Theranostics 2015; 5(3):267-276. doi:10.7150/thno.10349
Serum Fucosylated Prostate-specific Antigen (PSA) Improves the Differentiation of Aggressive from Non-aggressive Prostate Cancers
Departments of Pathology, The Johns Hopkins Medical Institutions, Baltimore, MD 21287, USA.
Background: Clinically, it is still challenging to differentiate aggressive from non-aggressive prostate cancers (Pca) by non-invasive approaches. Our recent studies showed that overexpression of alpha (1-6) fucosyltransferase played an important role in Pca cells. In this study, we have investigated levels of glycoproteins and their fucosylated glycoforms in sera of Pca patients, as well as the potential utility of fucosylated glycoproteins in the identification of aggressive Pca.
Material and Methods: Serum samples from histomorphology-proven Pca cases were included. Prostate-specific antigen (PSA), tissue inhibitor of metallopeptidase 1 (TIMP1) and tissue plasminogen activator (tPA), and their fucosylated glycoforms were captured by Aleuria Aurantia Lectin (AAL), followed by the multiplex magnetic bead-based immunoassay. The level of fucosylated glycoproteins was correlated with patients' Gleason score of the tumor.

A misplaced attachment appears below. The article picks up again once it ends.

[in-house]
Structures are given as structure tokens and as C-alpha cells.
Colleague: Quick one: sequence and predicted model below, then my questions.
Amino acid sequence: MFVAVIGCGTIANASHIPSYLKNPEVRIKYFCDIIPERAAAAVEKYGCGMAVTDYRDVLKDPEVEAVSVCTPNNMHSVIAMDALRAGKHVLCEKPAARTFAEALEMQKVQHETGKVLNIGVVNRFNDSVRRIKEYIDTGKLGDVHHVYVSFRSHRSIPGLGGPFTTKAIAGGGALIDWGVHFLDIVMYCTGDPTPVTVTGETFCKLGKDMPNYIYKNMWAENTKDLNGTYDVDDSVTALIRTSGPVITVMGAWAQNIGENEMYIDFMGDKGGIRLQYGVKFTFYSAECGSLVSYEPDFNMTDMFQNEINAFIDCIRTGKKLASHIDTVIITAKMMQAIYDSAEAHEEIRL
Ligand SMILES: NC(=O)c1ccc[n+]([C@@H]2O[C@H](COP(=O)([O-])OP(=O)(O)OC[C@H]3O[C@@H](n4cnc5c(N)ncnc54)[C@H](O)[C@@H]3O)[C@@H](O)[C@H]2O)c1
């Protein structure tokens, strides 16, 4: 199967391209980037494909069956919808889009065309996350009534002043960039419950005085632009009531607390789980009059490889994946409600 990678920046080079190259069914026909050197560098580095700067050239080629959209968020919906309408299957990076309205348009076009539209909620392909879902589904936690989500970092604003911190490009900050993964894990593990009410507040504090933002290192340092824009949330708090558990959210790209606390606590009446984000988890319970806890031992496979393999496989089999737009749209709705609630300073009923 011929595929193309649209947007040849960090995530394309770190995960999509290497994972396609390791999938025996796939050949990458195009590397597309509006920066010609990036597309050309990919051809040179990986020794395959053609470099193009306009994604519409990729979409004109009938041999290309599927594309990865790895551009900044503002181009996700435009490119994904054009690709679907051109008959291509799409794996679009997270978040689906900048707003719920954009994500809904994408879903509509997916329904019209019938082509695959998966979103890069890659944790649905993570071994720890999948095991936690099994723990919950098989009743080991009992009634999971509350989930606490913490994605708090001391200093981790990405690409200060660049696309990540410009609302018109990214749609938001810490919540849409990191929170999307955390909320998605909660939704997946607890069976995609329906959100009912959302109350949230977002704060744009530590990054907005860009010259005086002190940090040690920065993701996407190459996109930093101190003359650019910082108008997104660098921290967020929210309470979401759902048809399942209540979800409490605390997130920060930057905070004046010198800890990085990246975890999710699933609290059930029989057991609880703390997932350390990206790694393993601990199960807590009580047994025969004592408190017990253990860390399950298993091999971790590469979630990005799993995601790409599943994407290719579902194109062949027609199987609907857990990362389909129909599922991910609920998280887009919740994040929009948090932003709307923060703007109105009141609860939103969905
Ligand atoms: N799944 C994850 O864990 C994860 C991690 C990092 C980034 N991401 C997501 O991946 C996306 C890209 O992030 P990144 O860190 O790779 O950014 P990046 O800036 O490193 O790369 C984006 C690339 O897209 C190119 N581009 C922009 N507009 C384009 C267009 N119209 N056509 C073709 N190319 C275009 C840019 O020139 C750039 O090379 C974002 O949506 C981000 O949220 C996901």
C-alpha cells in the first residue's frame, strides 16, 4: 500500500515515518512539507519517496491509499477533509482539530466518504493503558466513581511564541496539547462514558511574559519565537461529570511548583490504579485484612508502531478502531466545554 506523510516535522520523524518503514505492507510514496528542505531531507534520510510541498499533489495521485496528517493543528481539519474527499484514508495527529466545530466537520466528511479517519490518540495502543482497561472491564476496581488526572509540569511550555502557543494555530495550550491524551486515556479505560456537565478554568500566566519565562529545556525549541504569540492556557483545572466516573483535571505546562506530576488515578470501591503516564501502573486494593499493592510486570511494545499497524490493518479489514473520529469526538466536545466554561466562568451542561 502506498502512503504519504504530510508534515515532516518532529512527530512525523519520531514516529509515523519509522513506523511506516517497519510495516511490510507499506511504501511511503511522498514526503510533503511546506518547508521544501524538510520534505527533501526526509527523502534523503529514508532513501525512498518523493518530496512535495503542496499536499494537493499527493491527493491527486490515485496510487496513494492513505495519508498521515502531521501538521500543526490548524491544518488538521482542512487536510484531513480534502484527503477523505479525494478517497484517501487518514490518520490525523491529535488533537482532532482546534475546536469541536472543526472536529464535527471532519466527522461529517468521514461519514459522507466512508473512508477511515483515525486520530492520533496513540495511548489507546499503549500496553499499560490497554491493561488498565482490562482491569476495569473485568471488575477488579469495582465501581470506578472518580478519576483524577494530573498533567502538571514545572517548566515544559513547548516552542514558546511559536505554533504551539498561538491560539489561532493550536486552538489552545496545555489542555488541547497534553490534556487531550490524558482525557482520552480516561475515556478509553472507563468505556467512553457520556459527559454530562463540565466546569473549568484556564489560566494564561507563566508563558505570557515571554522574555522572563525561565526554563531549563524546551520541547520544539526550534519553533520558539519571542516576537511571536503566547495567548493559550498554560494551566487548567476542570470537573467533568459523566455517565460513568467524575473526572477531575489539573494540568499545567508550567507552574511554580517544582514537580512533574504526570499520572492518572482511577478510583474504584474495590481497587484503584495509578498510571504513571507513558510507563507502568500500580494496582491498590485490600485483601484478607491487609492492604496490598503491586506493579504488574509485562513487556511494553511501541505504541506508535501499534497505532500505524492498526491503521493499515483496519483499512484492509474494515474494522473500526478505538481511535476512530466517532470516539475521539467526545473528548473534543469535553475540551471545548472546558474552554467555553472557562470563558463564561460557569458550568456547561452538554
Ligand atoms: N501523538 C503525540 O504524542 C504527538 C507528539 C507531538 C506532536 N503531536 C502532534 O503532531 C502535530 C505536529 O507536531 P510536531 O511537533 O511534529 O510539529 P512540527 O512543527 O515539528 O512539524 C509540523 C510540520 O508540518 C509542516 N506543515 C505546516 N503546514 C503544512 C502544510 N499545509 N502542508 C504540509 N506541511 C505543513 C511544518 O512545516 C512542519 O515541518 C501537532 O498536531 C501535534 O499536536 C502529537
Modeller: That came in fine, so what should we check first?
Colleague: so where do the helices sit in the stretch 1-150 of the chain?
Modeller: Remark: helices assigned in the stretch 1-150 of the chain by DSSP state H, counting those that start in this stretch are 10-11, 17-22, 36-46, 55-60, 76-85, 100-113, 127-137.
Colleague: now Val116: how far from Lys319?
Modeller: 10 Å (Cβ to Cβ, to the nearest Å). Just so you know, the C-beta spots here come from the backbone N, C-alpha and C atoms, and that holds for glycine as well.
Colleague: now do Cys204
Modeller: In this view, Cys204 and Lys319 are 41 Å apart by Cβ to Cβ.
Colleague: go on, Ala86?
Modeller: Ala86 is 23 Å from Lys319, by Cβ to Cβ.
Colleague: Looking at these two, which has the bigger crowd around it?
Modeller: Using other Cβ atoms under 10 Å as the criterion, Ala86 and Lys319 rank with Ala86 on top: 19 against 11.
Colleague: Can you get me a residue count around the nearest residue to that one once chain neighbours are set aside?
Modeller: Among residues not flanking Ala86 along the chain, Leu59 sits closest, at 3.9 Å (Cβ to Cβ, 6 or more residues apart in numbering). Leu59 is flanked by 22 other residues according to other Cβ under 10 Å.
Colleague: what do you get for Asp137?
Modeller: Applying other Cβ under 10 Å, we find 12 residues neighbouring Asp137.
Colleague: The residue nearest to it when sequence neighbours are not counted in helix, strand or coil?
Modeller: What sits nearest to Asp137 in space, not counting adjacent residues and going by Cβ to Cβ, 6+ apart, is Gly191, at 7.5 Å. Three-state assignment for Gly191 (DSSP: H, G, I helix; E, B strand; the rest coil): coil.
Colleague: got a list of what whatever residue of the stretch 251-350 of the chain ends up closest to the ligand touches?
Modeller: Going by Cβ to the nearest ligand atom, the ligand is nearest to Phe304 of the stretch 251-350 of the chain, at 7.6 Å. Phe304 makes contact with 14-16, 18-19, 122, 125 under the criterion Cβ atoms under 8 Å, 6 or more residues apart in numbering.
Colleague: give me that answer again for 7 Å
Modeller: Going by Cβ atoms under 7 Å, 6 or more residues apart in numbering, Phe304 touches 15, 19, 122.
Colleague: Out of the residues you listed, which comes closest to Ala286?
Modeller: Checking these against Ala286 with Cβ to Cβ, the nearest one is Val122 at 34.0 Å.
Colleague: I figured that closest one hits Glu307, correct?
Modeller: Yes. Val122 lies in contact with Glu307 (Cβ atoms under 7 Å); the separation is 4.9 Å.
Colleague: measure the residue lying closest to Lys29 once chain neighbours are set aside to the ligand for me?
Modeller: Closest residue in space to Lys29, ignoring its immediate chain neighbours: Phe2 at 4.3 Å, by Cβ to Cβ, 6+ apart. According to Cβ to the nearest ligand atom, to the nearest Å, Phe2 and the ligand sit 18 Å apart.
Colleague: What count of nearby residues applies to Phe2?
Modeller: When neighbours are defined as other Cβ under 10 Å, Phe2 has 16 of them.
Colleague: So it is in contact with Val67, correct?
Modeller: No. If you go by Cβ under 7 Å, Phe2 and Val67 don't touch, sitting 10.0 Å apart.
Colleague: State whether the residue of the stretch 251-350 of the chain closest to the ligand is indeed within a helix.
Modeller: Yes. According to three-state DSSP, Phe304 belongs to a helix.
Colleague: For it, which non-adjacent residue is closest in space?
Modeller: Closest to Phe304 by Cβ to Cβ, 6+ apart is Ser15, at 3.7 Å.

Result: Among three fucosylated glycoproteins, the fucosylated PSA was significantly increased and correlated with the tumor Gleason score (p<0.05). The ratio of fucosylated PSA showed a marked increase in aggressive tumors in comparison to non-aggressive tumors. ROC analysis also showed an improved predictive power of fucosylated PSA in the identification of aggressive Pca.
Conclusions: Our data demonstrated that fucosylated PSA has a better predictive power to differentiate aggressive tumors from non-aggressive tumors, than that of native PSA and two other glycoproteins. The fucosylated PSA has the potential to be used as a surrogate biomarker.
Keywords: prostate cancer, multiplex immunoassay, fucosylated glycoprotein, prostate-specific antigen, TIMP1.
Li QK, Chen L, Ao MH, Chiu JH, Zhang Z, Zhang H, Chan DW. Serum Fucosylated Prostate-specific Antigen (PSA) Improves the Differentiation of Aggressive from Non-aggressive Prostate Cancers. Theranostics 2015; 5(3):267-276. doi:10.7150/thno.10349. Available from http://www.thno.org/v05p0267.htm